Aim: The session aims to share a prototype workshop on evaluating public involvement in research.
Background: Public involvement (PI) in research has been steadily advancing in recent years. In the UK, we have strong policy commitment to PI in research, including the recent development of National Standards for PI. It has become increasingly important to evaluate PI in research to (i) improve the quality of PI, and hence the quality of research, (ii) evidence the impact of PI and encourage stakeholders to commit to having PI in research, (iii) justify funding and other resources for PI, (iv) assure members of the public that they are making a difference or provide reasons if not, and (v) facilitate planning for future projects.
Several approaches to evaluating PI in research have been developed. These are wide-ranging, from simple to in-depth, depending on the level of robustness required. To help researchers select the most appropriate approach for their research, the lead author, in collaboration with PI colleagues at the University of the West of England (UWE) Bristol, published an online guidance document on evaluating PI in research in May 2018. This guidance document was downloaded 65 times in two weeks from countries including the United States, Canada and across Europe.
Recognising the demand for more practical PI evaluation tools, the UWE PI team then developed and internally piloted a workshop on evaluating PI in research. This workshop was delivered for the first time at UWE’s Centre for Appearance Research Away Day in June 2018. Plans are in progress for further roll out of the workshop.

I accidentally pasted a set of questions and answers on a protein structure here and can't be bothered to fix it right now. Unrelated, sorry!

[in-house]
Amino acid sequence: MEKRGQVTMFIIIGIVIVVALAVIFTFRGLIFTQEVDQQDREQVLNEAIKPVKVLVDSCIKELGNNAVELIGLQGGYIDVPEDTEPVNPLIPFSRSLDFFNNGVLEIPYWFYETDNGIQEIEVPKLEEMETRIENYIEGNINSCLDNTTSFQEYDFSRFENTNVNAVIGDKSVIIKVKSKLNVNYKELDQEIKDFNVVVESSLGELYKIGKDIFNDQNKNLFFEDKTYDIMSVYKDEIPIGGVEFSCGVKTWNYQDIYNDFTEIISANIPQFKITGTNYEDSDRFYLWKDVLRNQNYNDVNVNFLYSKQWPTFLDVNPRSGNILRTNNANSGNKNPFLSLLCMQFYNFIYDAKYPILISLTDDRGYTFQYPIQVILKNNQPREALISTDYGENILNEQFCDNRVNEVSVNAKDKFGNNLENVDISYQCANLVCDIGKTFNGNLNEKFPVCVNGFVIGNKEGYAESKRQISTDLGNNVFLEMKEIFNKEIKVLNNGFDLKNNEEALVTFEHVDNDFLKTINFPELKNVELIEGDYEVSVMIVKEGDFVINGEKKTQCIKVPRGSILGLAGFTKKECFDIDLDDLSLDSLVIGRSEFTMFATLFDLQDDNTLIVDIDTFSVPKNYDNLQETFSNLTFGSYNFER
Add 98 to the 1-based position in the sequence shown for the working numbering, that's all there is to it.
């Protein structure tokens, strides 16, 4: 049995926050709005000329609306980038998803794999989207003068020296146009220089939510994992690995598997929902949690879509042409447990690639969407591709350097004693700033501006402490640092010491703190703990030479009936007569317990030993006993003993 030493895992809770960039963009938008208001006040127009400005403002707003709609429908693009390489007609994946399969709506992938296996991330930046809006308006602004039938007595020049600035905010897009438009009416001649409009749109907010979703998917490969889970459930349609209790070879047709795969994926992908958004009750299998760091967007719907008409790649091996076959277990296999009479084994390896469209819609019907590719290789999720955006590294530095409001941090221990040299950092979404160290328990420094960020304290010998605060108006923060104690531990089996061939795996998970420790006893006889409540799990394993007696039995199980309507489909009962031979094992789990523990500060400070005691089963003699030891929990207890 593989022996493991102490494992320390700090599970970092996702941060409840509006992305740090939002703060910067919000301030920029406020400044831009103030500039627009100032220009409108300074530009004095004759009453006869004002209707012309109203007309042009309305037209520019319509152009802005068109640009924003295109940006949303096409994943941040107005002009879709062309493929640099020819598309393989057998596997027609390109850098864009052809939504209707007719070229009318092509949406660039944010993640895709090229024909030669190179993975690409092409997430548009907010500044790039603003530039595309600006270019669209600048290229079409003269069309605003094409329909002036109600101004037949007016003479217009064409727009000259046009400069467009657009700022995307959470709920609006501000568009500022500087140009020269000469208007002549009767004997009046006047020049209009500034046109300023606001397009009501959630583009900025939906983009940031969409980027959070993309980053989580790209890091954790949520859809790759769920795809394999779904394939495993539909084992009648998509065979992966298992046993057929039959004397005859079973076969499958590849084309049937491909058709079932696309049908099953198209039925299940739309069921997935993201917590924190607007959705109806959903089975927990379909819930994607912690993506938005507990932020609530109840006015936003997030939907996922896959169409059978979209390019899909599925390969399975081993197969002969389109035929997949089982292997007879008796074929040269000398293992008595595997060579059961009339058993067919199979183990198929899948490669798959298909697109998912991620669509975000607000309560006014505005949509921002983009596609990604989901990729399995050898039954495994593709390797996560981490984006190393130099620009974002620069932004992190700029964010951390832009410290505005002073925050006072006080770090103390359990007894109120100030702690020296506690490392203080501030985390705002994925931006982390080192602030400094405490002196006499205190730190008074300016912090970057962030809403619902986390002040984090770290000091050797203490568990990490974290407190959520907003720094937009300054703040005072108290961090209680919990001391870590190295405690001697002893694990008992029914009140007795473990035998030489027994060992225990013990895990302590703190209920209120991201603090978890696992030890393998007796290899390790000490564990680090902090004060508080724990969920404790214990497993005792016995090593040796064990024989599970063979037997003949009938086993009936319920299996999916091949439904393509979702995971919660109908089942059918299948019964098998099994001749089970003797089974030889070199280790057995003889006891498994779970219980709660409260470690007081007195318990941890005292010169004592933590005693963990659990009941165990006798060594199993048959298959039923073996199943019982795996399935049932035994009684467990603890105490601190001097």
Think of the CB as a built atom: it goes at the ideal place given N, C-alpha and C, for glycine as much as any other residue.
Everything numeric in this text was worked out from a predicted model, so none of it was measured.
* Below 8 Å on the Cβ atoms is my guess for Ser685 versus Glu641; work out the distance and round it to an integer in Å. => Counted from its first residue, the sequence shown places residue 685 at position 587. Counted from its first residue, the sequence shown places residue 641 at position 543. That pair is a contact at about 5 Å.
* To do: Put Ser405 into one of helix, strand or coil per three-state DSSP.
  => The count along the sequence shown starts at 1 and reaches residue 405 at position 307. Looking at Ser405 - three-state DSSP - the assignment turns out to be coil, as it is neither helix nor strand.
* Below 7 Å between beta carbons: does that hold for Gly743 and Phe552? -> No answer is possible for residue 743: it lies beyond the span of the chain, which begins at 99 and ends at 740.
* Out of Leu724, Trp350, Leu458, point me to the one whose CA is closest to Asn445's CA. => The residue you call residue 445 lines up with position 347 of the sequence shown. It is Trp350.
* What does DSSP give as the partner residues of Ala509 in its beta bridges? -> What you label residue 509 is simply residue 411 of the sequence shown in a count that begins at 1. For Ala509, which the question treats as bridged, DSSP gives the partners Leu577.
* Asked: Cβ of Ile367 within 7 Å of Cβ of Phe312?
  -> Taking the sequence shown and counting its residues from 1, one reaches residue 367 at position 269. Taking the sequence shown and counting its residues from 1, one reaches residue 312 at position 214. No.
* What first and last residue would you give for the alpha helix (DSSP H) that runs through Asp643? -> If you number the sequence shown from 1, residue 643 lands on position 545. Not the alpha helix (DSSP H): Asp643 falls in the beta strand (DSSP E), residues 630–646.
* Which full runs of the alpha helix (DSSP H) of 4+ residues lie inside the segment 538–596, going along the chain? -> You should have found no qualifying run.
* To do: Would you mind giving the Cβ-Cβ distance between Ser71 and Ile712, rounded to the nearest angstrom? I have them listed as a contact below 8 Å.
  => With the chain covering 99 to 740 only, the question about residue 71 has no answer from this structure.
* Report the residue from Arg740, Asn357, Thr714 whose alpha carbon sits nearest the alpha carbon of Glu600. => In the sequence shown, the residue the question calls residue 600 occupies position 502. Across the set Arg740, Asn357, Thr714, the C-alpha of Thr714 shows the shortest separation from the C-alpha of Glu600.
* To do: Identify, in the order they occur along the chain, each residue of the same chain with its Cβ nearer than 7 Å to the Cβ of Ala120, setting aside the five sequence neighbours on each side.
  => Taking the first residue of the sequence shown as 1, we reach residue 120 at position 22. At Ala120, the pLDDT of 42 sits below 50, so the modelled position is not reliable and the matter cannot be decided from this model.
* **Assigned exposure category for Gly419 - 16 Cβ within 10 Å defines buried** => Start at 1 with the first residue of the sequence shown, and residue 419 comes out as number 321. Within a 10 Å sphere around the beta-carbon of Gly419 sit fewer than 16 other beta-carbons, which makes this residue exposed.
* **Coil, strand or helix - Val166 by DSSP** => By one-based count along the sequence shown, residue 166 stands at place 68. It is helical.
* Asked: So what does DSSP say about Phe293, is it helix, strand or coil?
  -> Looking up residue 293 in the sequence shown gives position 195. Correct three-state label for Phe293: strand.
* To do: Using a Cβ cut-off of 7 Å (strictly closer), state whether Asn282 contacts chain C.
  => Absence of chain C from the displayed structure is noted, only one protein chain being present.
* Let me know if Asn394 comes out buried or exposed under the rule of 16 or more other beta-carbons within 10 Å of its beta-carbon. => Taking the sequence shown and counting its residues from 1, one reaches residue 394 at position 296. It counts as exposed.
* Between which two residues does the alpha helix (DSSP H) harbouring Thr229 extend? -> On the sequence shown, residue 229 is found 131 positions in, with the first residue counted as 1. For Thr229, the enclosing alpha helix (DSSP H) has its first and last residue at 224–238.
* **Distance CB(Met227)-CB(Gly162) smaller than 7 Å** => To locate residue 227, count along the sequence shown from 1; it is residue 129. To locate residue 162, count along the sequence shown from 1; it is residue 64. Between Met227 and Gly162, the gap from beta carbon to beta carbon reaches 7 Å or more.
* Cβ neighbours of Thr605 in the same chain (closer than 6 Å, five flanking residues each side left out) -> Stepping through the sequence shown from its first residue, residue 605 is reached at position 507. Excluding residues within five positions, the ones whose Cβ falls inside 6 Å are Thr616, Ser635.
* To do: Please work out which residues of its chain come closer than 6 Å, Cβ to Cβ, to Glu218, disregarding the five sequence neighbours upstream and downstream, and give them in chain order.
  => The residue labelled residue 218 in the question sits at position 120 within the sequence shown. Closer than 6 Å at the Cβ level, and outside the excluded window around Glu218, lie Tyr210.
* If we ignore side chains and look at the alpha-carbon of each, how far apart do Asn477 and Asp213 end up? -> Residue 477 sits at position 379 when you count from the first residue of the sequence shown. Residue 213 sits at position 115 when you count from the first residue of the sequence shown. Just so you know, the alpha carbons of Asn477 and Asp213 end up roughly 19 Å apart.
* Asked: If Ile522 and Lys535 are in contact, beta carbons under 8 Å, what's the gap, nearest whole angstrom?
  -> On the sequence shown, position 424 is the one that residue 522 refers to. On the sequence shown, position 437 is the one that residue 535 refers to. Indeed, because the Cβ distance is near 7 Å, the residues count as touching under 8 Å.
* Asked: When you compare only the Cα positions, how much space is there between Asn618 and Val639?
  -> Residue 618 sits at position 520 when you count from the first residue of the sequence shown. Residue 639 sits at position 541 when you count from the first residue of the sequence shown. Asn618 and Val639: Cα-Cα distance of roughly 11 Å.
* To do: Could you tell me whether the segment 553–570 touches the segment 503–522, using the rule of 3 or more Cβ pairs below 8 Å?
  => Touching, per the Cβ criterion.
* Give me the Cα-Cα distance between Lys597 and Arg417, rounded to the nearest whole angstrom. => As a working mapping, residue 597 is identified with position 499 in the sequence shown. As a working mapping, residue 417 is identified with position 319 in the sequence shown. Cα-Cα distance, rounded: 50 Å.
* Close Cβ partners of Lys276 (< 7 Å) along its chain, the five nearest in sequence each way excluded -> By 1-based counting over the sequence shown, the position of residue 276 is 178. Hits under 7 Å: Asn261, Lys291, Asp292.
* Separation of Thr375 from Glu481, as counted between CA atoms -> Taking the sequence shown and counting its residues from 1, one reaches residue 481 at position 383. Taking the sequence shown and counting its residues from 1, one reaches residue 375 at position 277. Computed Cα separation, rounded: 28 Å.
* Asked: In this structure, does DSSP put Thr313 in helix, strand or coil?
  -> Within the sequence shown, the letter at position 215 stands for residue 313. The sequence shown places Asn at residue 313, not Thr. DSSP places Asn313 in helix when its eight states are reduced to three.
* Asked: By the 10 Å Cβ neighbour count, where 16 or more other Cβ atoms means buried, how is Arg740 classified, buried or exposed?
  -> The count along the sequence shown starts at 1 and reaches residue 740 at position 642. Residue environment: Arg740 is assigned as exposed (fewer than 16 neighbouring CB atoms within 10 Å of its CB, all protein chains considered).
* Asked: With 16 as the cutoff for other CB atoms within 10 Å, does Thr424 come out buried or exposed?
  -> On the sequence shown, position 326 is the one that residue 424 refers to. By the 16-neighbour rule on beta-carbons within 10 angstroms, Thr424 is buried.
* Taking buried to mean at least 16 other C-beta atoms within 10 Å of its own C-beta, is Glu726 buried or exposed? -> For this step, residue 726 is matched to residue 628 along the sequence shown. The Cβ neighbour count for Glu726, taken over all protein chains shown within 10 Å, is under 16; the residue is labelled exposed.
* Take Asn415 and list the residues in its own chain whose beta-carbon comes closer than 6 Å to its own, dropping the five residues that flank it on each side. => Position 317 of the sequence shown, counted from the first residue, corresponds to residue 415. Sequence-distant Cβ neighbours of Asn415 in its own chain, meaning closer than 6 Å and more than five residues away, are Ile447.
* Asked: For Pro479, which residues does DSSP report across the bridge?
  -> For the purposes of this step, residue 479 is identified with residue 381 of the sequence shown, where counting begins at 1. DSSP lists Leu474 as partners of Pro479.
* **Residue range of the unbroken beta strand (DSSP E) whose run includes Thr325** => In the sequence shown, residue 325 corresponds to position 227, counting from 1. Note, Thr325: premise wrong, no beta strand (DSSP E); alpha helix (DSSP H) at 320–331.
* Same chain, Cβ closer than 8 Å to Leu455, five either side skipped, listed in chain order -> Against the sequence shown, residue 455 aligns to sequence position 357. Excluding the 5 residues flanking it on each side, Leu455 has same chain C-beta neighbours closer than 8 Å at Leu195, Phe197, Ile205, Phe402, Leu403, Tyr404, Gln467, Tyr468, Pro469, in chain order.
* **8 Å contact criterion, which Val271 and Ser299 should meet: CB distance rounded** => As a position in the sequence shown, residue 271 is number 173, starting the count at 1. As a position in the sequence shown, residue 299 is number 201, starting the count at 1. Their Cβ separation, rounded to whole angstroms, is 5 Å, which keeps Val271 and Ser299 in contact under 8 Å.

Methods: This 60-minute ‘taster’ of the longer prototype workshop will primarily be important to PI research leads, research team members, and public contributors. It broadly has four sections, starting with an introduction, where we ‘set the scene’, discussing the complex issues surrounding PI evaluation, e.g. whether PI should be thought of as an intervention or a conversation. We will then discuss three evidence-based PI evaluation approaches to help navigate through those issues – a pragmatic approach, a participatory action approach, and the comprehensive Public Involvement Impact Assessment Framework (PiiAF). Delegates will be signposted to other relevant key resources, such as the NIHR policy and National Standards for PI. They will have opportunity throughout the workshop to comment and provide feedback on the material being introduced.
Outcomes: This workshop is a learning process, where we aim to provide a safe and constructive environment for delegates to try something new. Delegates will have the opportunity to reflect upon developing a practical approach to evaluating PI in research to support their own PI practice. In addition, they may wish to share their learning on evaluating PI in research with others at their respective organisations – delegates may request to adopt and adapt workshop content for this purpose, with appropriate acknowledgements. We may set up an online ‘aftercare’ forum, where delegates can send us feedback on their experiences of using the resources, make suggestions for improvements, and generally discuss the issues they are facing in efforts to evaluate PI.